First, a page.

Last weekend saw a kind of donkey festival in our commune of Plémy that of the next but one, Quessoy.
This was given the waggishly punning name of Les Chic'ânes, which, rather ungrammatically, means both 'Chic Donkeys' and, well, chicanes, as in, chicanes, on a sporting track, or I suppose as in chicanery, funny goings-on... well, anyway, not to worry, a pun is a pun, it needs no real point.
I only attended the local one, which really was very local, some five minutes walk away, at a farming hamlet I sometimes drive past, often on purpose to look at their growing collection of pet donkeys, as well as a small herd of miniature black sheep, a couple of ponies, and a pleasant potager. I don't tend to walk there much, so I've never spoken to the people there, and don't quite know what belongs to who, whether the whole settlement belongs to one family, or whatever, but when I've seen people there they always look quite cheerful and friendly. I ended up going there two days running, as my camera battery ran out quickly on the Saturday afternoon.
There was a small bar, a tent offering crêpes, and a sawdust toilet,
with information and displays (not of an overtly practical nature I hasten to add, just samples of sawdust and some posters and leaflets...) run by a lively and attractive hippyish woman of a certain age, the kind I instinctively warm to. Oh, and a strangely-dressed man on the Sunday telling unintelligible (to me) stories and singing unintelligible songs in a laughably awful voice. There were the usual local suspects, such as our neighbour Victor with a group of fellow ancients, and other familiar faces, and some I'd not seen before,
such as this chap whose facial furniture was so impressive I had a paparazzi moment with the zoom, taking in a donkey's ears into the bargain. And there were a few dogs, as well as Mol, on the scene.
Really though, the occasion centred entirely on donkeys, which pleased me greatly because I love donkeys. I think they have the most beautiful faces,
the most gentle, wise eyes,
and the loveliest, softest ears.
To me they are among the noblest and sweetest of beasts, and I believe our species' abuse and slandering of them is one of our many sources of great shame.
Happily, the people running this show were very keen to redress this; the commentary over the PA was a paean of praise to donkeys: they are not stubborn, it was said, though they can be mistrustful; they are never vicious, unless they have been subject to ill-treatment at our hands, they are especially gentle towards children. They also seemed favourably disposed towards dogs,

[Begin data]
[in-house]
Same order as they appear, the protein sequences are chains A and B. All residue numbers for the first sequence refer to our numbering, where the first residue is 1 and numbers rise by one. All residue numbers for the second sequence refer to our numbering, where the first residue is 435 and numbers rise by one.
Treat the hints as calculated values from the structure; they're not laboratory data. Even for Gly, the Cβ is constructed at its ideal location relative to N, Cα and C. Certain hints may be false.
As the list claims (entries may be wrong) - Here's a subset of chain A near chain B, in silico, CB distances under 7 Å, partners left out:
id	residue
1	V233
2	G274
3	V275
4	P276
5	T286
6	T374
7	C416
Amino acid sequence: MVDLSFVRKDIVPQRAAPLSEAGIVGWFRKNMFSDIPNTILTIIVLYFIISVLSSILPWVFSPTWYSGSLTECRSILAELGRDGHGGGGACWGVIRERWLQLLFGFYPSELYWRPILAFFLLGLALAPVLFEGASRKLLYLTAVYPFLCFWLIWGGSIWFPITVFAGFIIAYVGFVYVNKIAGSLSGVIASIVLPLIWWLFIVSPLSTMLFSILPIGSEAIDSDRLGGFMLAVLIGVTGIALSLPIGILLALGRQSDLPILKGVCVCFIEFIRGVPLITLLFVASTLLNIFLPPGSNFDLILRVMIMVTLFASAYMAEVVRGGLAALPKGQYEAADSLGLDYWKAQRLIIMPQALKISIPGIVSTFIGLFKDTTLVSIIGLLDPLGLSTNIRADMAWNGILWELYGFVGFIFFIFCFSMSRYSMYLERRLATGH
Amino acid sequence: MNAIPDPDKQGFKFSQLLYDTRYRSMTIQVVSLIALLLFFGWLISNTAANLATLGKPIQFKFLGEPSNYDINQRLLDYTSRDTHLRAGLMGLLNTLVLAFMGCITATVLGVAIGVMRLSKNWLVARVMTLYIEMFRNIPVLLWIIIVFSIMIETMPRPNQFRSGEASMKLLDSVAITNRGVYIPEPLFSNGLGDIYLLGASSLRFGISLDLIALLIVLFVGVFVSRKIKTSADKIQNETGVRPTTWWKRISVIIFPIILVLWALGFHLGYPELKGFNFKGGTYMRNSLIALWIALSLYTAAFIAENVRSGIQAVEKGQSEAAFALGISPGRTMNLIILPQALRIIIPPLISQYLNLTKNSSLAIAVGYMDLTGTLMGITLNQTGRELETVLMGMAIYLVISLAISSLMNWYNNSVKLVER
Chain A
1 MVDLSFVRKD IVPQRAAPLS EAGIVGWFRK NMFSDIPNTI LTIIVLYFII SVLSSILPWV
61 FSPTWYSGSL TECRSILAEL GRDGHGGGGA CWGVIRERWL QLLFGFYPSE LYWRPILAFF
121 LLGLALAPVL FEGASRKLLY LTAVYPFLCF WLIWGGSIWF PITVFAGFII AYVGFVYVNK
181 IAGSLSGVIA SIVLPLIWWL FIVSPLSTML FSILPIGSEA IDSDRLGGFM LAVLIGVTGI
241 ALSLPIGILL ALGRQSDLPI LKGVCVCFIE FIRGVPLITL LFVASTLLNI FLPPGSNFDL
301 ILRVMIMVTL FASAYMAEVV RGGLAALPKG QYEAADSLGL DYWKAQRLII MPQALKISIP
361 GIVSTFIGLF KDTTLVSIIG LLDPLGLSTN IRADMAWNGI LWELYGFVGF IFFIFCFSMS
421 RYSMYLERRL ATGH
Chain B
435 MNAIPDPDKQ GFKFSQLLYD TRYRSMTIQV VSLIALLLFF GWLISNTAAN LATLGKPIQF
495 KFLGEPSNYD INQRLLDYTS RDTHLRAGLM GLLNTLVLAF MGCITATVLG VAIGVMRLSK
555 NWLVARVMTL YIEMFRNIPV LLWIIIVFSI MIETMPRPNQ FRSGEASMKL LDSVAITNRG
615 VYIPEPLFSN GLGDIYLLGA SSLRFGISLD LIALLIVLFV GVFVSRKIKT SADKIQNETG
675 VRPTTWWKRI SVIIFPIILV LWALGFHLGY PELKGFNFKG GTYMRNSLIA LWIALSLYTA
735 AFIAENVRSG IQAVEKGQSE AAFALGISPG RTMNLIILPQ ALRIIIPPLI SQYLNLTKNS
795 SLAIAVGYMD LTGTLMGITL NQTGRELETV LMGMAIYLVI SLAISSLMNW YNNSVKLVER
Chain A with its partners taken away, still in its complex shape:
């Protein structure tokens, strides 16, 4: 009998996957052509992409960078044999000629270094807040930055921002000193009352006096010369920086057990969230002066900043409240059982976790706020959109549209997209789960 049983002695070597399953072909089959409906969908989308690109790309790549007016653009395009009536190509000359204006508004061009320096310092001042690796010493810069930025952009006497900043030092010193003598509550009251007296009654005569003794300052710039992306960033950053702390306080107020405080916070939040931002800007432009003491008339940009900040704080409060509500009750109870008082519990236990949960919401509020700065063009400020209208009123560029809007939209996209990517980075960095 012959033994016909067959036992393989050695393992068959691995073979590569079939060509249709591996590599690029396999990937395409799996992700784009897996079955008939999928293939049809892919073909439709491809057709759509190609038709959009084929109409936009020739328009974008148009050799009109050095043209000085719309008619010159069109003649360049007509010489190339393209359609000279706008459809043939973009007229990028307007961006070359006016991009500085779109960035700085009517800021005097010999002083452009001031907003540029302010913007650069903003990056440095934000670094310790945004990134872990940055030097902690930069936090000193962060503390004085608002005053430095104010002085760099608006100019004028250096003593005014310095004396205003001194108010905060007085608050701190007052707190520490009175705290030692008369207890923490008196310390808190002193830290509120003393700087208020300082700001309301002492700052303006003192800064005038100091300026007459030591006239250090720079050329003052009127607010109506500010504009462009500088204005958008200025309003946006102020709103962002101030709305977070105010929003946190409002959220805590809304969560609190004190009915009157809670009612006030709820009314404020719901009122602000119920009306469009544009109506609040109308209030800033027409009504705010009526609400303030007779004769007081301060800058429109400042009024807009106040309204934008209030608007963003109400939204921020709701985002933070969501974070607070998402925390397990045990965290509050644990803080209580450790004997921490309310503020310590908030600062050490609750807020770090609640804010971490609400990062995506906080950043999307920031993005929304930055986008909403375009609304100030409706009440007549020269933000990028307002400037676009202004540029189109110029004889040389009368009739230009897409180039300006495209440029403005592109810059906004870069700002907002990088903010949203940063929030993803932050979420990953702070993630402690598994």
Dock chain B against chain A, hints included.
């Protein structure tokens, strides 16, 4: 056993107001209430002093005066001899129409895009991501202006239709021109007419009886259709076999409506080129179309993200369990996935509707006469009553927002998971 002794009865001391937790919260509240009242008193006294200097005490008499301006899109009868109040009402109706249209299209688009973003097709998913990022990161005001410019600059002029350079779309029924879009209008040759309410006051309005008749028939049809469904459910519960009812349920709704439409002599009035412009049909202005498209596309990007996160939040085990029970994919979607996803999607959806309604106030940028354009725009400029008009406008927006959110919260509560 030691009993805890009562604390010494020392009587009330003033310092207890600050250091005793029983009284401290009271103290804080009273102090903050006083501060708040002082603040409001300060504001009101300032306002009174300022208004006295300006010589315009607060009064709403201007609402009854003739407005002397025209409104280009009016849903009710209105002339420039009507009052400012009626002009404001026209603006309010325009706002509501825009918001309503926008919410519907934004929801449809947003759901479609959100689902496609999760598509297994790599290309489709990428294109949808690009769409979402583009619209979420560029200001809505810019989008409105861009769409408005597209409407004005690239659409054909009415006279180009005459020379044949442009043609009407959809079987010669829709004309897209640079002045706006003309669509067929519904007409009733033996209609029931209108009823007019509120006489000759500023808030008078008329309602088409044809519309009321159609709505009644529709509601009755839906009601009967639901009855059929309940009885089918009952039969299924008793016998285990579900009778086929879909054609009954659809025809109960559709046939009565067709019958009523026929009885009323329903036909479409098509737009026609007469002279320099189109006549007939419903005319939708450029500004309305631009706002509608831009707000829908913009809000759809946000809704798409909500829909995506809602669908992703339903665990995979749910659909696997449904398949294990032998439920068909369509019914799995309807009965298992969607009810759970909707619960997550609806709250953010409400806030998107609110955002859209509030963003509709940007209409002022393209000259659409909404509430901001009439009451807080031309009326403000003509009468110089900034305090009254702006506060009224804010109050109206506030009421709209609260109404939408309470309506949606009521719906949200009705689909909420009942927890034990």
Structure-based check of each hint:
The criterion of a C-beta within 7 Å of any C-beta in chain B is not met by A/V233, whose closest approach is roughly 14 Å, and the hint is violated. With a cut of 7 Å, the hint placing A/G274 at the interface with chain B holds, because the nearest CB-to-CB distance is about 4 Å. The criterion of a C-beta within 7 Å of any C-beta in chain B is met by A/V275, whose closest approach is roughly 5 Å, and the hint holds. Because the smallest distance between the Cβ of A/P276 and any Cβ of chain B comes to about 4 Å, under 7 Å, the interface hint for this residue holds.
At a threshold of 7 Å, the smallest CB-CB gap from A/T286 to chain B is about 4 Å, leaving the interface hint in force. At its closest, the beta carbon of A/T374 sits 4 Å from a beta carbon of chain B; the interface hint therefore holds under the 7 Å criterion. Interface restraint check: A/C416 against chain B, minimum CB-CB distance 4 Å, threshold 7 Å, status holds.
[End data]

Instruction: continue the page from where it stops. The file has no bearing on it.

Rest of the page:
though one or two people, not the donkey experts themselves, on seeing me approach the penned-up ones with Mol, asserted that dogs and donkeys didn't get on at all.
Nevertheless, she and they touched noses amiably, all ears were pointing in the right directions, and though they seemed curious and a little cautious, there was no sign of distress on the donkeys' part.
There were donkeys of many sizes and colours,
There were of course donkey rides,
and endless circuits of the field were made by donkey-drawn conveyances,
I think this man must have walked a fair number of kilometres by the end of the weekend, but he kept on smiling.
On the first day, five of the resident group from the farm were all roped together, held by one older chap, meeting the public.
They skipped and danced and jostled a bit, but they were only wearing head collars, not bridles and bits, so that with their combined strength they could very easily have hauled their keeper anywhere they wanted, but they were very well behaved and good humoured.
On the second day, the same group was loose in a fenced off area - no serious wire or electric fence mind, just coloured tape - and were preparing themselves for one of the main events of the day:
There's a young Asian girl I've seen around there, presumably an adoptee, she's often in miniature blue overalls, a busy, managing, energetic child, and she was very much in evidence on this occasion, in red jacket and hard hat, involved with every aspect of the proceedings.
The donkey received their pep talk from their boss, then they were off.
He only waved the stick at them and just touched them occasionally with it to keep them on course, there was no hitting involved.
It all happened quite quickly so I had to catch the action as best I could.
but there was always the ringmaster's assistant to run behind.
After the show, everyone gathered amicably together at the fence for a chat and a fuss,
hooves and hands were shaken,
and affectionate gestures exchanged.
It was altogether a fun and friendly event, and good to see people so kindly and enthusiastically working with and promoting these lovely animals. I hope they do it again.